Jurors convict former Ohio House Speaker Larry Householder of racketeering
A jury in Cincinnati on Thursday convicted former Ohio House Speaker Larry Householder and former Ohio Republican Party Chairman Matt Borges on a charge each of racketeering.
Jurors deliberated for less than 10 hours before returning the verdicts. Prosecutors said the two accepted $60 million in bribes to first put Householder back in power, then to pass the energy bill, known as House Bill 6, which included a bailout for two aging nuclear plants. The scheme, prosecutors said, also included an effort to defend House Bill 6 against a recall effort. Householder and Borges now face up to 20 years in prison.
A Cuyahoga County grand jury indicted East Cleveland police officers this week on charges including felonious assault and interference with civil rights. The officers indicted include current and former members of the department. The FBI’s Cleveland office has been leading the two-year investigation into the East Cleveland Police Department. Prosecutor Mike O’Malley referred to the corruption in the police department as a “cancer” and vowed to remove every tentacle of it.
Akron City Council confirmed eight people to its fledgling civilian police oversight board this week, but it wasn’t easy. Two long and at times contentious regular council meetings produced a stalemate with no one being approved to the board. Council had to hold a special meeting on Wednesday in order to get the job done. One seat on the board remains open. Voters approved the charter amendment that created the oversight board last November. The police shooting death of Jayland Walker last June galvanized momentum for creation of the board.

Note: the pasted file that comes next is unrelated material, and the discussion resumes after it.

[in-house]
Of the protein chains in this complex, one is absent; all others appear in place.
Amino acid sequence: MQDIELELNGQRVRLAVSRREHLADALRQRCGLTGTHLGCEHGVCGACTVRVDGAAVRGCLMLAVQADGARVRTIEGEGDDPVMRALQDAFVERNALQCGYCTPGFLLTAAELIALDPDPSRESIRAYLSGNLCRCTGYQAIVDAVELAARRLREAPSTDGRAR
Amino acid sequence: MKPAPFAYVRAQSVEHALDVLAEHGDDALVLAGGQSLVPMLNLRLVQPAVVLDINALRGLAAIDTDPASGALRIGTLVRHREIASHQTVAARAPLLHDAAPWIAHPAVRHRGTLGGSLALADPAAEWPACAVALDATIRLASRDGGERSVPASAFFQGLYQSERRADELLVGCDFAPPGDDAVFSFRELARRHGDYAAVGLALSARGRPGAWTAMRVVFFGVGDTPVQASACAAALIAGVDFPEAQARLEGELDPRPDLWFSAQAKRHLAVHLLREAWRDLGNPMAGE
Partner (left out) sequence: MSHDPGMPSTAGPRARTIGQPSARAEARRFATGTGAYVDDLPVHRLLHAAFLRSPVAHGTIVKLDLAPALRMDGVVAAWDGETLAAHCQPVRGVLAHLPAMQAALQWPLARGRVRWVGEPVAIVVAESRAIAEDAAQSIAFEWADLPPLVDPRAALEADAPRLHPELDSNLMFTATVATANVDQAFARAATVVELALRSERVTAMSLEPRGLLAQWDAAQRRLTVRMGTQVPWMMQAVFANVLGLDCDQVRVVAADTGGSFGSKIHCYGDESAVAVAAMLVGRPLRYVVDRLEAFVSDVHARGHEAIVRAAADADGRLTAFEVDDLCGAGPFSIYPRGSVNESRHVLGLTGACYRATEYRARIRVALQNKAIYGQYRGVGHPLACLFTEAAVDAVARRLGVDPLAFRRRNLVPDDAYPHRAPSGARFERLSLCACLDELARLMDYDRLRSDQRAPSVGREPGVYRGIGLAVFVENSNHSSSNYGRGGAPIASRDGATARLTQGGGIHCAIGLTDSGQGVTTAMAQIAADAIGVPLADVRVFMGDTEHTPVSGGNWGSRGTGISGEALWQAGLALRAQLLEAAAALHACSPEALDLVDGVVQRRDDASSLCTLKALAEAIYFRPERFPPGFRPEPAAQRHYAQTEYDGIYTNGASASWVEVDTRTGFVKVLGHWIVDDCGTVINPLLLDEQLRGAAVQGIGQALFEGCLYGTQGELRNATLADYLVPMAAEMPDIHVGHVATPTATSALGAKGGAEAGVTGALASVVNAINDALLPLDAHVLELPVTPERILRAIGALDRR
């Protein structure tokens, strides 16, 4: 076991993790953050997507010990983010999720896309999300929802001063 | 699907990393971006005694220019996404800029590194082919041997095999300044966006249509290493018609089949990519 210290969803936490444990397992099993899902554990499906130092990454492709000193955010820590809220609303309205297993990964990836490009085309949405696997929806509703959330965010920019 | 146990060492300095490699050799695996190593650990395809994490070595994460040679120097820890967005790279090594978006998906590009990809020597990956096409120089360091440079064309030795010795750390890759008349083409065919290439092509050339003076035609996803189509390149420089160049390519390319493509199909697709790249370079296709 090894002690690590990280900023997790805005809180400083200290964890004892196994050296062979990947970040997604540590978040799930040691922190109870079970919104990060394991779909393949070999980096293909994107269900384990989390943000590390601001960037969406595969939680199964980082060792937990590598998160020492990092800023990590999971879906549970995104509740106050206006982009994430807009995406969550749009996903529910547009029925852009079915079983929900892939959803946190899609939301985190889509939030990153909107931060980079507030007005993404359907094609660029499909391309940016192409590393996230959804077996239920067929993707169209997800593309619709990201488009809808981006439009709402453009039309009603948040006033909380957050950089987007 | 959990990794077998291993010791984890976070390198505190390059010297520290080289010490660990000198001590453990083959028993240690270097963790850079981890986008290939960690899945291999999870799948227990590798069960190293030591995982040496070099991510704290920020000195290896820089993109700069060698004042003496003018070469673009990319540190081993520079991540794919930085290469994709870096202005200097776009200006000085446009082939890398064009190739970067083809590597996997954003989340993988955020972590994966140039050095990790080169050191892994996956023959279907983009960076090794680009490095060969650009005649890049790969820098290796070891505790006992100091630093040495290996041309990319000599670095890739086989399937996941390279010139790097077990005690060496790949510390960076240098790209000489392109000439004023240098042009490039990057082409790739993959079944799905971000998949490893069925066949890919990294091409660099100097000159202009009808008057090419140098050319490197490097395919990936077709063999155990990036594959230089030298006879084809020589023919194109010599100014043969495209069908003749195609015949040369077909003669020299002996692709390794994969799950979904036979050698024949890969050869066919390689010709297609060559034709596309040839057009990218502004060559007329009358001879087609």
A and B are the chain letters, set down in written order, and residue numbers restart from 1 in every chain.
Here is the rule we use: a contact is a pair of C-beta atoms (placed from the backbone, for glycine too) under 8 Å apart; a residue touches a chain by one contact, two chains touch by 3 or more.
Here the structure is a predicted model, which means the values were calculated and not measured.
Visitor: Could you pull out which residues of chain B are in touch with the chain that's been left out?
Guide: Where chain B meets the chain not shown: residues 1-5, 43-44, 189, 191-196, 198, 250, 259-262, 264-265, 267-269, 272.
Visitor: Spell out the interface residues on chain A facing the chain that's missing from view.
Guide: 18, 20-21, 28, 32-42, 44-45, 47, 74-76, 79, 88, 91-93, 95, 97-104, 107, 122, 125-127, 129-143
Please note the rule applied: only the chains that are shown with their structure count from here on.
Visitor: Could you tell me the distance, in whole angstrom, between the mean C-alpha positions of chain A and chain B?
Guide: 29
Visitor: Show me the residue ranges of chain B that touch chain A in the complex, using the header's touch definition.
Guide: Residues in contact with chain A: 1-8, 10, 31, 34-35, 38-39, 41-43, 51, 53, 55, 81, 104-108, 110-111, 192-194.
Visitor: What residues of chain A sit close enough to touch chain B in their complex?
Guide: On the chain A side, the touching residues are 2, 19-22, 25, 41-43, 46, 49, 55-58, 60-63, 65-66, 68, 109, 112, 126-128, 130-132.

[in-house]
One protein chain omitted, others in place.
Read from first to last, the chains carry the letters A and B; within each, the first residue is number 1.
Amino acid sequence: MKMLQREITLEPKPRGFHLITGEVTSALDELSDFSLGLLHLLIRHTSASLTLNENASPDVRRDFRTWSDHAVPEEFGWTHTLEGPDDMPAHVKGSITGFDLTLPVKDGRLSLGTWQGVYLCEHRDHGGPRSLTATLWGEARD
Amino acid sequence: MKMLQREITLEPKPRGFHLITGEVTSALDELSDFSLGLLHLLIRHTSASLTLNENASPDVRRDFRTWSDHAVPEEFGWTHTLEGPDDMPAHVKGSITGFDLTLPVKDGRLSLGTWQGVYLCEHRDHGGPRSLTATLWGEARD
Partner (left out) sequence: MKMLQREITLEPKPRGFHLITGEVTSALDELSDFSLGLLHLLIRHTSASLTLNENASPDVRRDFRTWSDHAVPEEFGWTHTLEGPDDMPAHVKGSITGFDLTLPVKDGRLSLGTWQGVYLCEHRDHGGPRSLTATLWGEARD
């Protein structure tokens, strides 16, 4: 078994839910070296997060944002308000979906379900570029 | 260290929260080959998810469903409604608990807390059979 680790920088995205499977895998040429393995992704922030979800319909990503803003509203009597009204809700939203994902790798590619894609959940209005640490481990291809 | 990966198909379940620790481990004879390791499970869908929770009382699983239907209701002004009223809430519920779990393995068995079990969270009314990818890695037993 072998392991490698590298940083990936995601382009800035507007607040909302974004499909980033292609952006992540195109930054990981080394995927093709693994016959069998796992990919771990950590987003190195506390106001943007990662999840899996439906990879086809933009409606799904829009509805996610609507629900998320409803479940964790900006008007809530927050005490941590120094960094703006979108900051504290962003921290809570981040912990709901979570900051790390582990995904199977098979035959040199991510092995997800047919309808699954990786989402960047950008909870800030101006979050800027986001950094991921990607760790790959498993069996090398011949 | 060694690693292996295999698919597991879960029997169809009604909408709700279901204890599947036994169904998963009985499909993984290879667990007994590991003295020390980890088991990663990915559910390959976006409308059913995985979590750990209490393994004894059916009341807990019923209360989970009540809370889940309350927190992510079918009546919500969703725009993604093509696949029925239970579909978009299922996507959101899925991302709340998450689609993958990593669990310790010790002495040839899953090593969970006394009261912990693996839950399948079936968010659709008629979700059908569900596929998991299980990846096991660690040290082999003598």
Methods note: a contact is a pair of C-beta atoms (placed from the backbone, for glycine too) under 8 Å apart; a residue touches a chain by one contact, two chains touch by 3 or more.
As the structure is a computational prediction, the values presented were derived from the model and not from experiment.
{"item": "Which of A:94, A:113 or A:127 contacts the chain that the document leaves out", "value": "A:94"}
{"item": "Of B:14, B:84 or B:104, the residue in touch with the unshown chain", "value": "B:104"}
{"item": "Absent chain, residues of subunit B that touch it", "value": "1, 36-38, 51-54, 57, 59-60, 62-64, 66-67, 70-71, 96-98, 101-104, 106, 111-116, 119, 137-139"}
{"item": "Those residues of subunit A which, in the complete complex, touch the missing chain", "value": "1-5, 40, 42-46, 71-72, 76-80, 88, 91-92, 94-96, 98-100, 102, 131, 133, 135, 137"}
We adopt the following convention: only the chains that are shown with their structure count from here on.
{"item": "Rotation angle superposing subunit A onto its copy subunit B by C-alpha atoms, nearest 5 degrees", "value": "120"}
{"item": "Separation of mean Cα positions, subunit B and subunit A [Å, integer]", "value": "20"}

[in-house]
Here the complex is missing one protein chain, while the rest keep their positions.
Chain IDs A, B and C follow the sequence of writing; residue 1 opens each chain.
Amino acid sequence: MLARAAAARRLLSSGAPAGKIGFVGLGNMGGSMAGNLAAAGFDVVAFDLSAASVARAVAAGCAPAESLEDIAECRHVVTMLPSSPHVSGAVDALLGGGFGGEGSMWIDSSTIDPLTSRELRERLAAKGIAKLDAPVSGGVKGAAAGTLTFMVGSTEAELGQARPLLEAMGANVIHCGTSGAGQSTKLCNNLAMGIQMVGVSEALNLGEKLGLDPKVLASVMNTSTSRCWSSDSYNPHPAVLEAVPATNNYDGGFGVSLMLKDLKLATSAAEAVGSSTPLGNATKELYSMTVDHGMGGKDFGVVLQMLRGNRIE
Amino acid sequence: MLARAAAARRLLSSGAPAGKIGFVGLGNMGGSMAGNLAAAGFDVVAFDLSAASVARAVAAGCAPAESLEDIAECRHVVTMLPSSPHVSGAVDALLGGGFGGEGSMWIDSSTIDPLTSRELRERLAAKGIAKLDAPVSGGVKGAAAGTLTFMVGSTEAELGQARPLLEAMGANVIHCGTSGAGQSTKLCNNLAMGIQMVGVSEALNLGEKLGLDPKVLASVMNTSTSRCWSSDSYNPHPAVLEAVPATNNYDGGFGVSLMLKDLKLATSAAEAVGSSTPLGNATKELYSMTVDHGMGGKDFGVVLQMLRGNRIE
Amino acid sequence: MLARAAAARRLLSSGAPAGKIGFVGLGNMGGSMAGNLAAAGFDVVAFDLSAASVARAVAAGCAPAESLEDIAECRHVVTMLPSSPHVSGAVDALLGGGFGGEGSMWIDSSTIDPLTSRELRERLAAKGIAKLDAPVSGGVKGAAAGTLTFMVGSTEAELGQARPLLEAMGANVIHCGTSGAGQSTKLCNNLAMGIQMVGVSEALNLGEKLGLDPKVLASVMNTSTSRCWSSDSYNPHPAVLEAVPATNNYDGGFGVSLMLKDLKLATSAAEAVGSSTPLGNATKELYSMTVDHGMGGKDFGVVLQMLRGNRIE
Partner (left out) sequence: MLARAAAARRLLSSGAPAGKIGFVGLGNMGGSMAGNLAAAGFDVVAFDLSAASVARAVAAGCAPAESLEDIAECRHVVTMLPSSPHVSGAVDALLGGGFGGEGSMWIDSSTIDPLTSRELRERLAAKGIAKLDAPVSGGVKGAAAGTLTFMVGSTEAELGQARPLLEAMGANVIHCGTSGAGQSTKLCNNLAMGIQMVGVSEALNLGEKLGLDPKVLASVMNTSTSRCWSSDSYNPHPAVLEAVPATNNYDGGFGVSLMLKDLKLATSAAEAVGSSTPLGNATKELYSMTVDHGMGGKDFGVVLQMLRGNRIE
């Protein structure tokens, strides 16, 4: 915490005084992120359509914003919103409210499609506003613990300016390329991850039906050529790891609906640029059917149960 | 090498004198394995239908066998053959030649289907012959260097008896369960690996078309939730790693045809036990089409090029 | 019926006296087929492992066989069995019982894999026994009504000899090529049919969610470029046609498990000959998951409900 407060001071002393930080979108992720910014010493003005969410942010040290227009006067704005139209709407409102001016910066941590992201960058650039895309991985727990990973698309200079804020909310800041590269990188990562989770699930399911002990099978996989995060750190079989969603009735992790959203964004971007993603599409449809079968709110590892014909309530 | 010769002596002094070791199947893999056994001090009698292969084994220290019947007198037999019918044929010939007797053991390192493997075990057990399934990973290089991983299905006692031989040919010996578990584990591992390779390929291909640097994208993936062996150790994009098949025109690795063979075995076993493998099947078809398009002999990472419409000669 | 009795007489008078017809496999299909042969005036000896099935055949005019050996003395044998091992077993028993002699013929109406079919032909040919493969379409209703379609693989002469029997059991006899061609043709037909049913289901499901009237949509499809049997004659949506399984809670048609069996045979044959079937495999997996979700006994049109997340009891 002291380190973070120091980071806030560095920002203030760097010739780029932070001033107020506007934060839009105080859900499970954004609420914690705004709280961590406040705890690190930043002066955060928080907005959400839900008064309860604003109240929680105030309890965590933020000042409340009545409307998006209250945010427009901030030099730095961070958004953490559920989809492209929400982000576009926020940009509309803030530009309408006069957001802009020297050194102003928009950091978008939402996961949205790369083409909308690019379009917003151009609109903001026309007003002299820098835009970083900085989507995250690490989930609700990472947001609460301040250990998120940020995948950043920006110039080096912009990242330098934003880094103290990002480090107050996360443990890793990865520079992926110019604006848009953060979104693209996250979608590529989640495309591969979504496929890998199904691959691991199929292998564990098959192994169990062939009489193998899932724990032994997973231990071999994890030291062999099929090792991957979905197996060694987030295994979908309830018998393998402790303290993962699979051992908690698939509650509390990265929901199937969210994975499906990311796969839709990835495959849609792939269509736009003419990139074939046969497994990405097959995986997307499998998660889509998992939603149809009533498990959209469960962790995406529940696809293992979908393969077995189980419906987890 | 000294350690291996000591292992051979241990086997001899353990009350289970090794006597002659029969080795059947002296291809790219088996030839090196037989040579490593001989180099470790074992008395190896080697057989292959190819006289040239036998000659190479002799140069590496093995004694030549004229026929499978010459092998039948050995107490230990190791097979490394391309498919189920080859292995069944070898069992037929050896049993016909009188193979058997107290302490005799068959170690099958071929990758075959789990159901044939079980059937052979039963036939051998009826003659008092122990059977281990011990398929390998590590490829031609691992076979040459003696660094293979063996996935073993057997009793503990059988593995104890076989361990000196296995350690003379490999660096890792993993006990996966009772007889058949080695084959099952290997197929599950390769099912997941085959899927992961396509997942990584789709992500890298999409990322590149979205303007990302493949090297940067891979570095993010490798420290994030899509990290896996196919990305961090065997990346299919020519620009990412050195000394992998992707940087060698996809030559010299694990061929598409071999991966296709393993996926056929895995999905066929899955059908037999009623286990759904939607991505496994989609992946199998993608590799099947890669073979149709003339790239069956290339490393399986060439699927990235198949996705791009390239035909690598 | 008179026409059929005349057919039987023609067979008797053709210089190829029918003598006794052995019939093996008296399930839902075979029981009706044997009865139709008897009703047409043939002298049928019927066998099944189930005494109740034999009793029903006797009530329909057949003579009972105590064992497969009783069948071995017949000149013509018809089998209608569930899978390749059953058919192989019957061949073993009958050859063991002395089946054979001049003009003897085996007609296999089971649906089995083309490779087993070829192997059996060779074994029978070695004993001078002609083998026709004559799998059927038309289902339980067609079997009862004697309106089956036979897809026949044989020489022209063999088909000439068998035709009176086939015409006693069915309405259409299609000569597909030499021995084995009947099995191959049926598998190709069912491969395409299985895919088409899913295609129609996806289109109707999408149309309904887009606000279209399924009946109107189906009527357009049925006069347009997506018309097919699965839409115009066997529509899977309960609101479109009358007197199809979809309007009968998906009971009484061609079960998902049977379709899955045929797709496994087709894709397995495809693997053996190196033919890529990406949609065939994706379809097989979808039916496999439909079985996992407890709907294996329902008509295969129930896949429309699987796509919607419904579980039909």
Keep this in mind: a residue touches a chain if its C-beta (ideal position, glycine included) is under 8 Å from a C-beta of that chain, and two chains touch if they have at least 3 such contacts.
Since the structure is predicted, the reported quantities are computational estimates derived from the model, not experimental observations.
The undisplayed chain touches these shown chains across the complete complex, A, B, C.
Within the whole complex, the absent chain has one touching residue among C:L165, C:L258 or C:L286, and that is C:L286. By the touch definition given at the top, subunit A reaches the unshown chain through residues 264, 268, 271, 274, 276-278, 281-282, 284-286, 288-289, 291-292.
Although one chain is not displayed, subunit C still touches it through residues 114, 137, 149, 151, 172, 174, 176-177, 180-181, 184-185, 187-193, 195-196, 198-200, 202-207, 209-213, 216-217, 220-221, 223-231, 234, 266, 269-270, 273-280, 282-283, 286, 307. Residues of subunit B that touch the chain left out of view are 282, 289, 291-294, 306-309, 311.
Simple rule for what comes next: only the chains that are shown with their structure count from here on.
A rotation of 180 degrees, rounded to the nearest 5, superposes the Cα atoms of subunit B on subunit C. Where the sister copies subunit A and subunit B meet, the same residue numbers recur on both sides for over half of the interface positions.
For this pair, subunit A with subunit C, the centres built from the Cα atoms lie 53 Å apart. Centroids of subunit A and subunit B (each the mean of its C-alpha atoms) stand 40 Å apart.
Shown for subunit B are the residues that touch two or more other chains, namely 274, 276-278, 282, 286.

Cleveland voters approved their own police oversight measure in November 2021, establishing a powerful Community Police Commission. Cleveland City Council and Mayor Justin Bibb hammered out a budget for 2023 this week and that deal involved stripping out an additional $224,000 proposed by Bibb for the Community Police Commission.
The CEO of Norfolk Southern offered an apology Thursday for the train derailment in East Palestine that has upended lives in the Columbiana County village and raised fears of long-term health consequences. Alan Shaw told the United States Senate Committee on Environment and Public Works that he is personally committed to the clean-up and long-term recovery efforts whether that be a year or 10 years from now.
The freight train derailed and caught fire Feb. 3, spilling toxic chemicals. A controlled burn off of vinyl chloride further spread the chemicals stoking fears for residents.
While the CEO testified about the railroad’s safety, another of its trains derailed in Alabama. That followed last weekend’s derailment in Springfield, Ohio.
We'll discuss these stories on this week's "Sound of Ideas Reporters Roundtable."
Anna Huntsman, Akron-Canton Reporter, Ideastream Public Media
Matt Richmond, Reporter, Ideastream Public Media
Karen Kasler, Statehouse News Bureau Chief, Ohio Public Radio/TV